44. Brown, J.S.; Duguid, P. Knowledge and organization: A social-practice perspective. Organ. Sci. 2001, 12, 198–213. [Google Scholar] [CrossRef]
  45. Blay-Palmer, A.; Sonnino, R.; Custot, J. A food politics of the possible? Growing sustainable food systems through networks of knowledge. Agric. Hum. Values 2016, 33, 27–43. [Google Scholar] [CrossRef]
  46. Canale, G.; Ceriani, M. Contadini per Scelta. Esperienze e Racconti di Nuova Agricoltura; Jaka Book: Milano, Italy, 2013. [Google Scholar]
  47. Guthman, J. From the ground up: California organics and the making of ‘yuppie chow’. In Alternative Food Geographies: Representation and Practice; Maye, D., Holloway, L., Kneafsey, M., Eds.; Elsevier: Oxford, UK, 2007; pp. 241–254. [Google Scholar]
  48. Guidi, R.; Andretta, M. Between Resistance and Resilience. How do Italian Solidarity Purchase Groups Change in Times of Crisis and Austerity? Partecip. Conflitto 2015, 8, 443–477. [Google Scholar]
  49. Tavolo per la Rete italiana di Economia Solidale (Ed.) Un’economia nuova, dai Gas alla zeta; Altreconomia: Milano, Italy, 2013.
  50. European CSA Research Group. Overview on Supported Community Agriculture in Europe CSA. 2016. Available online: http://urgenci.net/wp-content/uploads/2016/05/Overview-of-Community-Supported-Agriculture-in-Europe.pdf (accessed on 12 May 2016).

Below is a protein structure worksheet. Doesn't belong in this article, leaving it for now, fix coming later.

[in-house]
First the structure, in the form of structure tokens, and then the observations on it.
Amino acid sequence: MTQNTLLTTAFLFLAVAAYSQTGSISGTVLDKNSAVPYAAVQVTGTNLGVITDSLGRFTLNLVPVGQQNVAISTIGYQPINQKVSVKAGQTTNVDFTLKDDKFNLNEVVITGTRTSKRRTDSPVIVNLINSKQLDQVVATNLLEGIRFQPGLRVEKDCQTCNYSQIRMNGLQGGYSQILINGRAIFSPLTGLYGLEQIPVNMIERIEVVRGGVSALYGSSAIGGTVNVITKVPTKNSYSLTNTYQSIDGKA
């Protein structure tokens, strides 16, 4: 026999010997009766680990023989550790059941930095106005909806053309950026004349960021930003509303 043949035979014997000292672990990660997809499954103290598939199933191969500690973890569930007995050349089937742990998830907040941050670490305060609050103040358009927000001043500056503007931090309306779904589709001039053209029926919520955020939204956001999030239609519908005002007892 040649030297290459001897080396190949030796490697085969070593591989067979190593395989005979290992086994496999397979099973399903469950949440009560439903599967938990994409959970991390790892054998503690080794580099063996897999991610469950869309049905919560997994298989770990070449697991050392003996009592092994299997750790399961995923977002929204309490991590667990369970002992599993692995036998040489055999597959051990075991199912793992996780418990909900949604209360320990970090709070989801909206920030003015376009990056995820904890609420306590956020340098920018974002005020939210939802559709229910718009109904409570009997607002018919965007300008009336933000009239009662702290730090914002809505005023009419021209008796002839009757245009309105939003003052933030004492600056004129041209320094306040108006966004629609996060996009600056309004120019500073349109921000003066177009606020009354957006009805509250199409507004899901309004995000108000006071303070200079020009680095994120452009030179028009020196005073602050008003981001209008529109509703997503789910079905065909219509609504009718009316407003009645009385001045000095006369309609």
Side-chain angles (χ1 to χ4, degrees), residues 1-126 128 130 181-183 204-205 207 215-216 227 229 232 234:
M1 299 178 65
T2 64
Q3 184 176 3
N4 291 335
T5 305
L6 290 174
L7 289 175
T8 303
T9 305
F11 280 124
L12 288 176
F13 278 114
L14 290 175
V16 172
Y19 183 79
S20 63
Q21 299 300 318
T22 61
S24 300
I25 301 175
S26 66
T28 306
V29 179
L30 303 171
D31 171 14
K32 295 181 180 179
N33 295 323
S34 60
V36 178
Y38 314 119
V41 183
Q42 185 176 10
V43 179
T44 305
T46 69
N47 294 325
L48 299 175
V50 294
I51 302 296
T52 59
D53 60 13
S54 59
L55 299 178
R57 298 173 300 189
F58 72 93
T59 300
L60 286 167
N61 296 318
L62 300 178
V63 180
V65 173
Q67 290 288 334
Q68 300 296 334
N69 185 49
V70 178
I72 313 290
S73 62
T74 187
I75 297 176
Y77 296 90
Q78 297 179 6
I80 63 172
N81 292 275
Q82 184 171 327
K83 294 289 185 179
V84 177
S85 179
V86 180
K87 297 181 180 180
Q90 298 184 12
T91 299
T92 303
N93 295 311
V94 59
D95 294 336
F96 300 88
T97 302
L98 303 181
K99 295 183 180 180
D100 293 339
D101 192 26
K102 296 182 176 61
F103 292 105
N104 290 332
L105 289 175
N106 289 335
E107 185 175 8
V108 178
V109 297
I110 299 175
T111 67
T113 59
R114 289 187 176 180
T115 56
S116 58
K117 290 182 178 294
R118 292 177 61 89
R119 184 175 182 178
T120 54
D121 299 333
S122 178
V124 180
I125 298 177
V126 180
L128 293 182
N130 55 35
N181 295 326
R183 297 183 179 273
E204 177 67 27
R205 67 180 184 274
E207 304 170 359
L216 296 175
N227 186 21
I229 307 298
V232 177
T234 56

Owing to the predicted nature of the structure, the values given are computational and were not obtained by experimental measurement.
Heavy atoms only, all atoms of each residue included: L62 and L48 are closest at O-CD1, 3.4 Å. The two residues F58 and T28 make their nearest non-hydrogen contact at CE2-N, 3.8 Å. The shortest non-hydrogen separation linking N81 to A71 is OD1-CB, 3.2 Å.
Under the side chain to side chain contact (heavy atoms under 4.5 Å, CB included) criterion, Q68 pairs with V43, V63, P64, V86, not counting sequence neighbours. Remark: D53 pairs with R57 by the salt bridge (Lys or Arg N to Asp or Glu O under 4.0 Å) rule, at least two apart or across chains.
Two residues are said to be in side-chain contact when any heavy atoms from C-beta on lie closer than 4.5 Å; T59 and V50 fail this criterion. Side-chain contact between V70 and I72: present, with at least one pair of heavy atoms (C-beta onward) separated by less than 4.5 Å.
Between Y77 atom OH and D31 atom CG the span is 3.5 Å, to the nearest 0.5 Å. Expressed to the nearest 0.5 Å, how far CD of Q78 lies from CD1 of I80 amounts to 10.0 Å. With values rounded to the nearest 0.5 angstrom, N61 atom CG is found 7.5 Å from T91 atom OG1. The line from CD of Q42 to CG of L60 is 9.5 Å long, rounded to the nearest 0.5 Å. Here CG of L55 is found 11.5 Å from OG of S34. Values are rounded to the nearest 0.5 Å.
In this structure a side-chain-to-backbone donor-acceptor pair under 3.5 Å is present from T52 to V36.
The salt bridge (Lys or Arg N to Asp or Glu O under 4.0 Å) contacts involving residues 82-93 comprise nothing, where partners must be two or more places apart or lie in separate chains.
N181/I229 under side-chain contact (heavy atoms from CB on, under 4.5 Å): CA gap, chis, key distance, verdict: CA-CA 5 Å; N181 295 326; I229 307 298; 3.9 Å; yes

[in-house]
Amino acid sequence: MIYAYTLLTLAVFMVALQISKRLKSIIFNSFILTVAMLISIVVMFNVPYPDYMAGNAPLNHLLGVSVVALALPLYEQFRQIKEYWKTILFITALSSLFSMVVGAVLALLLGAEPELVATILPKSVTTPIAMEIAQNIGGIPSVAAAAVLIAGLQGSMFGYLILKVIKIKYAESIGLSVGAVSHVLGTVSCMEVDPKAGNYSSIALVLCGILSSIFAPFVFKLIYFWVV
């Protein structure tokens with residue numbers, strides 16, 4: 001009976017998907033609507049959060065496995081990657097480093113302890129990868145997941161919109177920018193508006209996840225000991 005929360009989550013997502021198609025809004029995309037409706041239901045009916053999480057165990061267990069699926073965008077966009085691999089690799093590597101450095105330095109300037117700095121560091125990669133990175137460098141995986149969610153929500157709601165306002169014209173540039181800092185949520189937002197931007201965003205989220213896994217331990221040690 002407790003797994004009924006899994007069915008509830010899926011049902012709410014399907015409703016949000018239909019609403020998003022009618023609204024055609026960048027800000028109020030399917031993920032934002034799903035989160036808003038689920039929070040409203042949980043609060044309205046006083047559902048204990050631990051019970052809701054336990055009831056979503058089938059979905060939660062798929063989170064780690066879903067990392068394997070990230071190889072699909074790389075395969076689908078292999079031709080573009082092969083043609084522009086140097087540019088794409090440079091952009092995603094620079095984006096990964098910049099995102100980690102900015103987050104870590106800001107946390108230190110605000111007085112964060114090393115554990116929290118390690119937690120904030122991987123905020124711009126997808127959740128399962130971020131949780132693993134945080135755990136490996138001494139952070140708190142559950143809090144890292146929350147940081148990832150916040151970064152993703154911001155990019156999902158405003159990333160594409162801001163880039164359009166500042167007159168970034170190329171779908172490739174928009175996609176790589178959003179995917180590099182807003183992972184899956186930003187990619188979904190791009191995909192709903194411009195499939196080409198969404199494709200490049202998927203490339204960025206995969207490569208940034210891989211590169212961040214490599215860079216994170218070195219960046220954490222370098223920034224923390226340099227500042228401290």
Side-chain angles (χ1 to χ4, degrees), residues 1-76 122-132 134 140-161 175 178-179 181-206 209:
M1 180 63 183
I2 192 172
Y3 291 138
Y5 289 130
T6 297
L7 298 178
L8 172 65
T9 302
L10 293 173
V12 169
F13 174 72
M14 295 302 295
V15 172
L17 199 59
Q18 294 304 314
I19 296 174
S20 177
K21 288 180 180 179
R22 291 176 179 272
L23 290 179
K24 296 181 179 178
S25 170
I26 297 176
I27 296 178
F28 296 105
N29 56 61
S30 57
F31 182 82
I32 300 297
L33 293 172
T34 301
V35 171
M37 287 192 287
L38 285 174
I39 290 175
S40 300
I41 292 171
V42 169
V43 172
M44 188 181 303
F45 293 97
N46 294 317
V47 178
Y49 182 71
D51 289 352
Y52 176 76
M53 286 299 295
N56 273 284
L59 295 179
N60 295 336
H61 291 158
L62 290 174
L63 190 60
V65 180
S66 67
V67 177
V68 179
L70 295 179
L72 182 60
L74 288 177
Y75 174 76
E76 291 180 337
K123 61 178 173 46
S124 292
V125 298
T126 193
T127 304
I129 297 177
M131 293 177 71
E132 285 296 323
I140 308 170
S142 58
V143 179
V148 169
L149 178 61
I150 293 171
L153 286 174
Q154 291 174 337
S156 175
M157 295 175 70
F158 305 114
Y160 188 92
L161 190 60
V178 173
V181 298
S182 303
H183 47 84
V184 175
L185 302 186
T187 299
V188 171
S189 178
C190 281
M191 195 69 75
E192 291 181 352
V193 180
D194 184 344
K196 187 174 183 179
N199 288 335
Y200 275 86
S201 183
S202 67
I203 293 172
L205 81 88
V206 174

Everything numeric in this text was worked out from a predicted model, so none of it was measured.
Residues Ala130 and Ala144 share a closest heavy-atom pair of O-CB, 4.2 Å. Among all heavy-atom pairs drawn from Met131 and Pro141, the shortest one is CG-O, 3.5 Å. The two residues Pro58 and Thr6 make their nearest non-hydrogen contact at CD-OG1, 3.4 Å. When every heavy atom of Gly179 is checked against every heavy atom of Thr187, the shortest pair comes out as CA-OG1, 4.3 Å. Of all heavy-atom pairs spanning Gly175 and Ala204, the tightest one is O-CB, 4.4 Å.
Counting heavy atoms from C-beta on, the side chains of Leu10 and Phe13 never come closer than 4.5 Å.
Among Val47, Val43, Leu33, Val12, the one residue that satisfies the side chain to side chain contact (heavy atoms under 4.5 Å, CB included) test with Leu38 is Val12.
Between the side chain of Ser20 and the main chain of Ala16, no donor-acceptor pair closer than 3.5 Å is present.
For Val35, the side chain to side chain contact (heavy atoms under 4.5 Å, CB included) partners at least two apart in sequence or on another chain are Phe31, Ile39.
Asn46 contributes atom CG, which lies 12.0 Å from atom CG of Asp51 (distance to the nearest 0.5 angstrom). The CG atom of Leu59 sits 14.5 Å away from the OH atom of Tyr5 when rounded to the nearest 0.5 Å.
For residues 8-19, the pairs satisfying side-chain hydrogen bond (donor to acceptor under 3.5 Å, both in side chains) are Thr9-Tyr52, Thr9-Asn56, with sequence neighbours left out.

51. Coscarello, M.; Rodriguez, L.B. Certificación ‘de papel’ o de relaciones humanas? Los sistemas de garantía participativa como iniciativas de soberanía alimentaria local. In Ecologìa Polìtica. Cuaderno de Debate International; Icaria Editorial: Barcelona, Spain, 2015; pp. 35–41. [Google Scholar]
  52. Biolghini, D.; Bonaiuti, M.; Burlando, R.; Cacciari, P.; Castagnola, A.; Deriu, M.; Di Paolo, P.; Di Vece, L.; Domeneghini, D.; Mance, E.A.; et al. I Dialoghi dell’economia solidale. Scenari e concetti per una transizione possibile, 1st ed.; Asterios: Trieste, Italy, 2016. [Google Scholar]
  53. Magnaghi, A.; Bonomi, A.; Revelli, M. Il vento di Adriano. La comunità concreta di Olivetti tra non più e non ancora; DeriveApprodi: Roma, Italy, 2015. [Google Scholar]
  54. Felber, C. Die Gemeinwohl-Ökonomie: Das Wirtschaftsmodell der Zukunft. Available online: http://www.christian-felber.at/buecher/gemeinwohl.php (accessed on 15 June 2016).
  55. Rete Italiana di Economia Solidale. Carta per la Rete Italiana di Economia Solidale. 2007. Available online: http://www.economiasolidale.net/content/carta-res (accessed on 10 May 2016).
  56. Di Iacovo, F.; Brunori, G.; Innocenti, S. Le strategie urbane: Il piano del cibo. Agriregionieuropa 2013, 32, 9–16. [Google Scholar]
  57. Bocci, R. Seeds between freedom and rights. Scienze Territorio 2014, 2, 115–121. [Google Scholar]
  58. Vivero, J.L. Food as a Commons: Reframing the Narrative of the Food System. SSRN Working Paper Series. 2013. Available online: http://papers.ssrn.com/sol3/papers.cfm?abstract_id=2255447 (accessed on 10 May 2016).
  59. Howells, J. Intermediation and the role of intermediaries in innovation. Res. Policy 2006, 35, 715–728. [Google Scholar] [CrossRef]